It struck me as I rushed back to the house, in the shadow of the pines, in the slap and hush of the water –

I never saw her face.


Written for Jane Dougherty’s Microfiction Challenge. See the lovely paintting and write a tale to match. See here to join in and to read the other tales.


Jane Dougherty’s microfiction challenge : Death on Black Wyrm Peak


Photo ©Grantscharoff


They reached the foot of the mountain as the dew was drying on the grasslands.

Rand looked about him, at the meadow flowers waving in the breeze, butterflies and hummingbirds dizzying the air. Then he looked ahead. ‘So we climb?’

Sheathing his sword, Mitchell nodded. ‘If you want to eat again.’

Be an innkeeper like your Dad – that’s what my Ma said.’ Rand hooked his battleaxe on his belt, tucked his crossbow under his arm. ‘Soft beds, beer, barmaids – why didn’t I listen?’

They reached the nest just as the sun was lowering over Black Wyrm Peak. A storm head was gathering, clouds the colour of pitch bulging over the valley.

‘Could have done with a full moon,’ whispered Mitchell.

Rand pulled free his axe, the metal shushing the gloom. ‘So now you want me to fight in the dark? Maybe you can hog tie me too?’

Twin snaps, like wet sheets caught in a gale – a sound like knives scraping the rocks. Mitchell grabbed Rand’s arm, pulling him behind an outcrop just as a shadow blacked out the sun.

Mitchell could smell them, an animal smell but like nothing else – meat and ash and sulphur. His pulse beat in his ears. He edged round the outcrop to see their prey.

They were both there – the male wyrm taller by half a man’s height, scales shimmering, seeming to glow in the half light, spikes curving from his head, along his spine and tail. Hard as iron, hard as diamonds – that was how the legend went. The female was beside her mate, smaller, fewer spikes, but they were the venomous ones – one scratch from a talon, from a tooth and you’re dead.

The creatures began to circle each other, claws clashing on the rock, tails twining and as they did a sound – like bells chiming from afar. Depite himself, Mitchell was transfixed, the song echoing through his bones. As they moved faster round each other it was hard to tell where one wyrm began, the other ended, their scales glowing hotter, the colour of dawn over the mountains, lighting the rocks. He’d never seen anything more beautiful …

A whistling sound, a heavy thunk – another whistle, screaming, animal pain. Both dragons fell, shaking the ground, crushing stone to dust. A shape flew past Mitchell. Rand. The sound of an axe hacking flesh, clashing against scales.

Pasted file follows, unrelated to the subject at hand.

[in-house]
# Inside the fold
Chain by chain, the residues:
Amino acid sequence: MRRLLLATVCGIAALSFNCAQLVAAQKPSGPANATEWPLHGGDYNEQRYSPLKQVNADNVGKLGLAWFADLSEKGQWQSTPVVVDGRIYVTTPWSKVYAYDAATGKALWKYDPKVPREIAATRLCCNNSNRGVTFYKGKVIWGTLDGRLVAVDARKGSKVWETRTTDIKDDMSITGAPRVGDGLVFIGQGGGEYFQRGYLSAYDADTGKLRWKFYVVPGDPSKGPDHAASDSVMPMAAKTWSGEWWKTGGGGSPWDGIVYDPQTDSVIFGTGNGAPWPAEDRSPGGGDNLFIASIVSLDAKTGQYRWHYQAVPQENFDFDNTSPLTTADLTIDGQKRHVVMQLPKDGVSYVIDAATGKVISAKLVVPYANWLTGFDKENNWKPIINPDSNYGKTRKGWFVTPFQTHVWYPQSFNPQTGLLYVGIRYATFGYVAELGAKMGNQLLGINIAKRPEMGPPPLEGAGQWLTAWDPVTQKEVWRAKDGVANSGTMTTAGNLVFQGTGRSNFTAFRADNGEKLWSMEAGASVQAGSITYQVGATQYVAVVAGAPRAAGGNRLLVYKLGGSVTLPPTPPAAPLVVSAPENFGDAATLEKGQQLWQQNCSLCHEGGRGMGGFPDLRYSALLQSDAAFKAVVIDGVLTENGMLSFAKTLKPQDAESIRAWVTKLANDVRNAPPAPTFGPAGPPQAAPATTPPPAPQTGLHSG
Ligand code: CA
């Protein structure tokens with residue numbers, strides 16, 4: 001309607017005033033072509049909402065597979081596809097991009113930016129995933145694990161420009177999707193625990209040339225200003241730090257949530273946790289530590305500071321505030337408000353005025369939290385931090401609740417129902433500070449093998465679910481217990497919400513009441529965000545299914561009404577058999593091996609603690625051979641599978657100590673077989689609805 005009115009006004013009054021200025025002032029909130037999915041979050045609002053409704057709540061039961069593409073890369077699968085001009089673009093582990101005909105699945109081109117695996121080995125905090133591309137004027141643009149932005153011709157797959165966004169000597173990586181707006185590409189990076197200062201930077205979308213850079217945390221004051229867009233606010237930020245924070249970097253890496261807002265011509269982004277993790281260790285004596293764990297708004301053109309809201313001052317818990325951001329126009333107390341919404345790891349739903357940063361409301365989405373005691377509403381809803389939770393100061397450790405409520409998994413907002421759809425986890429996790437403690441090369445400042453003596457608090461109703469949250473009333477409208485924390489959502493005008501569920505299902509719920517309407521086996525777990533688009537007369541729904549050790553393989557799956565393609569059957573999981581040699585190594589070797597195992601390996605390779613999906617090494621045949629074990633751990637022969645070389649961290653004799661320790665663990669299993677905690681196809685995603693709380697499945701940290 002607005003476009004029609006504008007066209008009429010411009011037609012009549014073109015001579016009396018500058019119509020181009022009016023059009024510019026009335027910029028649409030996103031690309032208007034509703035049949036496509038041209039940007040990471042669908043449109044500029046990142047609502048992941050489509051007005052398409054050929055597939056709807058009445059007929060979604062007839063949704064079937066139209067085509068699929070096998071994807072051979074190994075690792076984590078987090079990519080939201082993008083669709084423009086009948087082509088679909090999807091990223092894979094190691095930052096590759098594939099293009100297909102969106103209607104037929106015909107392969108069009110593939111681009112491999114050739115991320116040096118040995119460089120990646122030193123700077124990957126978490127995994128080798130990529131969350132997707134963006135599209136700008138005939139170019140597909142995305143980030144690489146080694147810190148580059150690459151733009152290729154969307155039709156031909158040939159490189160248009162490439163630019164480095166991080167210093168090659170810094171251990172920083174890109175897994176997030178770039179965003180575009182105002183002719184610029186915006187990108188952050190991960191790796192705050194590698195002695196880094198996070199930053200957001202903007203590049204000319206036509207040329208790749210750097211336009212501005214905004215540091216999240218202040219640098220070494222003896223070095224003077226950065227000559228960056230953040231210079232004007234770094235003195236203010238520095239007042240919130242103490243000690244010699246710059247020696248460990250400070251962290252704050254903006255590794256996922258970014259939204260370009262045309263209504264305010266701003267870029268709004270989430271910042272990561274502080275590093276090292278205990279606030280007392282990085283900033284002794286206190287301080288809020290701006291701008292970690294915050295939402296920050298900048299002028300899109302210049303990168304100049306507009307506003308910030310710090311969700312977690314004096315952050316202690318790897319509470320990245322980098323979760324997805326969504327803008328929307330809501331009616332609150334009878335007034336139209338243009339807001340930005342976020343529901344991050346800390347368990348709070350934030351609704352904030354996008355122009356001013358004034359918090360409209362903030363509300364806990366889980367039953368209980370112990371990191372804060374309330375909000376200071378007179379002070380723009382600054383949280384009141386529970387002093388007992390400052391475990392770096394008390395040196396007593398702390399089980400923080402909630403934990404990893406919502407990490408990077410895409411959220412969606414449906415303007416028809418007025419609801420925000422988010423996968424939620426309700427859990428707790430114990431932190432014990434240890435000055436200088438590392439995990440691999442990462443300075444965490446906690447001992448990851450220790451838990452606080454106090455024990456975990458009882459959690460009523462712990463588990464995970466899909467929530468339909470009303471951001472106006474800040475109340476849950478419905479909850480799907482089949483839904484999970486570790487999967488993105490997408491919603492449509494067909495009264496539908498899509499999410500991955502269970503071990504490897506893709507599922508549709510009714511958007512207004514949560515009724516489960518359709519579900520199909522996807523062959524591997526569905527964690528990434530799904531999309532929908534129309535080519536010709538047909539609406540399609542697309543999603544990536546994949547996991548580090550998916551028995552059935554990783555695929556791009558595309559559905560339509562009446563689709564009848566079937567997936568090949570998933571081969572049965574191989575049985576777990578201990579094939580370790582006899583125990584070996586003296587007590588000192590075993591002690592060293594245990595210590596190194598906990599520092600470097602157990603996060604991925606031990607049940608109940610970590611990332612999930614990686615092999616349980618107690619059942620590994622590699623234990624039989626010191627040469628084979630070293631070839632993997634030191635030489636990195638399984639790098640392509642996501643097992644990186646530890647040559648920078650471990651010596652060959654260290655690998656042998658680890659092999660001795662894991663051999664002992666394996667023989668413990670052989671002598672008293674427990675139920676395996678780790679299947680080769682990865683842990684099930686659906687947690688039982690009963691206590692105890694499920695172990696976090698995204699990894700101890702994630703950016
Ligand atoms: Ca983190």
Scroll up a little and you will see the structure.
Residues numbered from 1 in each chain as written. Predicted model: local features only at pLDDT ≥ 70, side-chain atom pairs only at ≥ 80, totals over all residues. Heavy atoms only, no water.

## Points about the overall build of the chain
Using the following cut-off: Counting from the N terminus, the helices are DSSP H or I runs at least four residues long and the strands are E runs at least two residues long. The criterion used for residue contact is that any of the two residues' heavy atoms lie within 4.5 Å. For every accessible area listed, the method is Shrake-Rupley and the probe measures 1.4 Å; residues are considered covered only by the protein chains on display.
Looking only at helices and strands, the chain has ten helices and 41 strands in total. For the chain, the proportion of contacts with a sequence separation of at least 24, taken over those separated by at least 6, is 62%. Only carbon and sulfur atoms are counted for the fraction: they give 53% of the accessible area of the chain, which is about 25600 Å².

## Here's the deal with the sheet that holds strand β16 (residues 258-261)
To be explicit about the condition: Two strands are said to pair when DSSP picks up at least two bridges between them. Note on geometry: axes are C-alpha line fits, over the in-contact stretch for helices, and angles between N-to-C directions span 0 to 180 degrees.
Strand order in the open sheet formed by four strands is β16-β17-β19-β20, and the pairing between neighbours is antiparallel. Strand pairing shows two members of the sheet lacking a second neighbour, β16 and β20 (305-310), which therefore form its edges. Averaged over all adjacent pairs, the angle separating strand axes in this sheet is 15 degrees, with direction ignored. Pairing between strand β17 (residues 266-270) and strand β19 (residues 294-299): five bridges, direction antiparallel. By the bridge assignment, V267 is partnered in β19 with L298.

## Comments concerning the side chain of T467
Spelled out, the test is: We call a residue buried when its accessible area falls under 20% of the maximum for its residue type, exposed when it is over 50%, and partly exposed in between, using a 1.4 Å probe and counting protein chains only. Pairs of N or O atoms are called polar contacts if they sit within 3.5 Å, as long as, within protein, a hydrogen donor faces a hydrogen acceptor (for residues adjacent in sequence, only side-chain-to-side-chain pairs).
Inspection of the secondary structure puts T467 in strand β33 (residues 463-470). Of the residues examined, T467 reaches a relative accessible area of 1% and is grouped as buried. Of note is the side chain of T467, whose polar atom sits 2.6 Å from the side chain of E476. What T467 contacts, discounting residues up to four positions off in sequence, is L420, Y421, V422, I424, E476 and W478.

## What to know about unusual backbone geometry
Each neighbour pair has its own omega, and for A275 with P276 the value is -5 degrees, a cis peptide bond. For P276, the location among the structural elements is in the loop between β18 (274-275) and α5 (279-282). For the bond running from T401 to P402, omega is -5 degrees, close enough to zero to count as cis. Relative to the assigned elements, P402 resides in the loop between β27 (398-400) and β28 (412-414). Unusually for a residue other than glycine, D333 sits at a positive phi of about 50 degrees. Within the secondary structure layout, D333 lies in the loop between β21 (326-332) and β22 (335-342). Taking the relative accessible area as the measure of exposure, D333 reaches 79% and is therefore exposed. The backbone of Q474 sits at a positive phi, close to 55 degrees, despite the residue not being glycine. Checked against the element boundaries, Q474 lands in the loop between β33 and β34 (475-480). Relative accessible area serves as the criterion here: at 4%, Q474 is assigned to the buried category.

The light died.

Moments later, Rand was beside him, gasping for breath, stinking of sulphur. ‘Got them both in the neck with a crossbow bolt – in the soft part under the chin,’ he said, grinning like a boy. ‘And guess what?’ He brought his hand from behind his back, revealing an egg the size of a newborn babe. It shimmered gold in the gloom. ‘Draco wanted the scales and the hearts, but how much will he give us for that?’

Mitchell sighed. ‘Let’s finish up. I need a beer.’


Written for Jane Dougherty’s Microfiction Challenge. See the pic and write a tale. See here to join in and to read the other stories.

And here and here to read Mitchell and Rand’s previous adventures.





Jane Dougherty’s Microfiction challenge : #floatingcityandme


Painting by Makis E. Warlamis


It appeared overnight, a city rooted in the clouds hanging above our own city. People poured from offices to see it, phones pressed against their ears. They shuffled out of shops and supermarkets, basket in hand, unpaid for cans of beans and bunches of bananas squashed against the wire netting.

Photos of it went viral, countless teenagers sharing videos of themselves, the city lined up behind them so it seemed to perch on one shoulder – #floatingcityandme.

My neighbour set up his telescope, zoomed in on the shimmering glass, the pristine marble bridges and piazzas, fountains with water falling in rainbows, white driving pods arcing over terracotta rooves, plunging into banks of cloud like riders on a log flume. ‘It’ll be the Russians,’ he said. ‘Or the Chinese showing off.’

As the days passed I watched my fellow citizens change. Shoulders humped deeper, heads ducking behind upturned collars despite the summer heat. Slurs and curses were muttered under the breath or not voiced at all, a whole city scared of being overheard and watched, a whole city muted.

A TV sweaty evangelist said Jesus had arrived. That he had towed Heaven with him and was waiting patiently amid the clouds for the Chosen to join him. Though the evangelist stayed here, readjusting his polyester wig, hand to the screen, waiting for your call.

Probes were sent, drones with cameras and dials and measuring equipment humming like dragonflies over a pond, and returned with nothing but flattened midges and dirty ice crystals.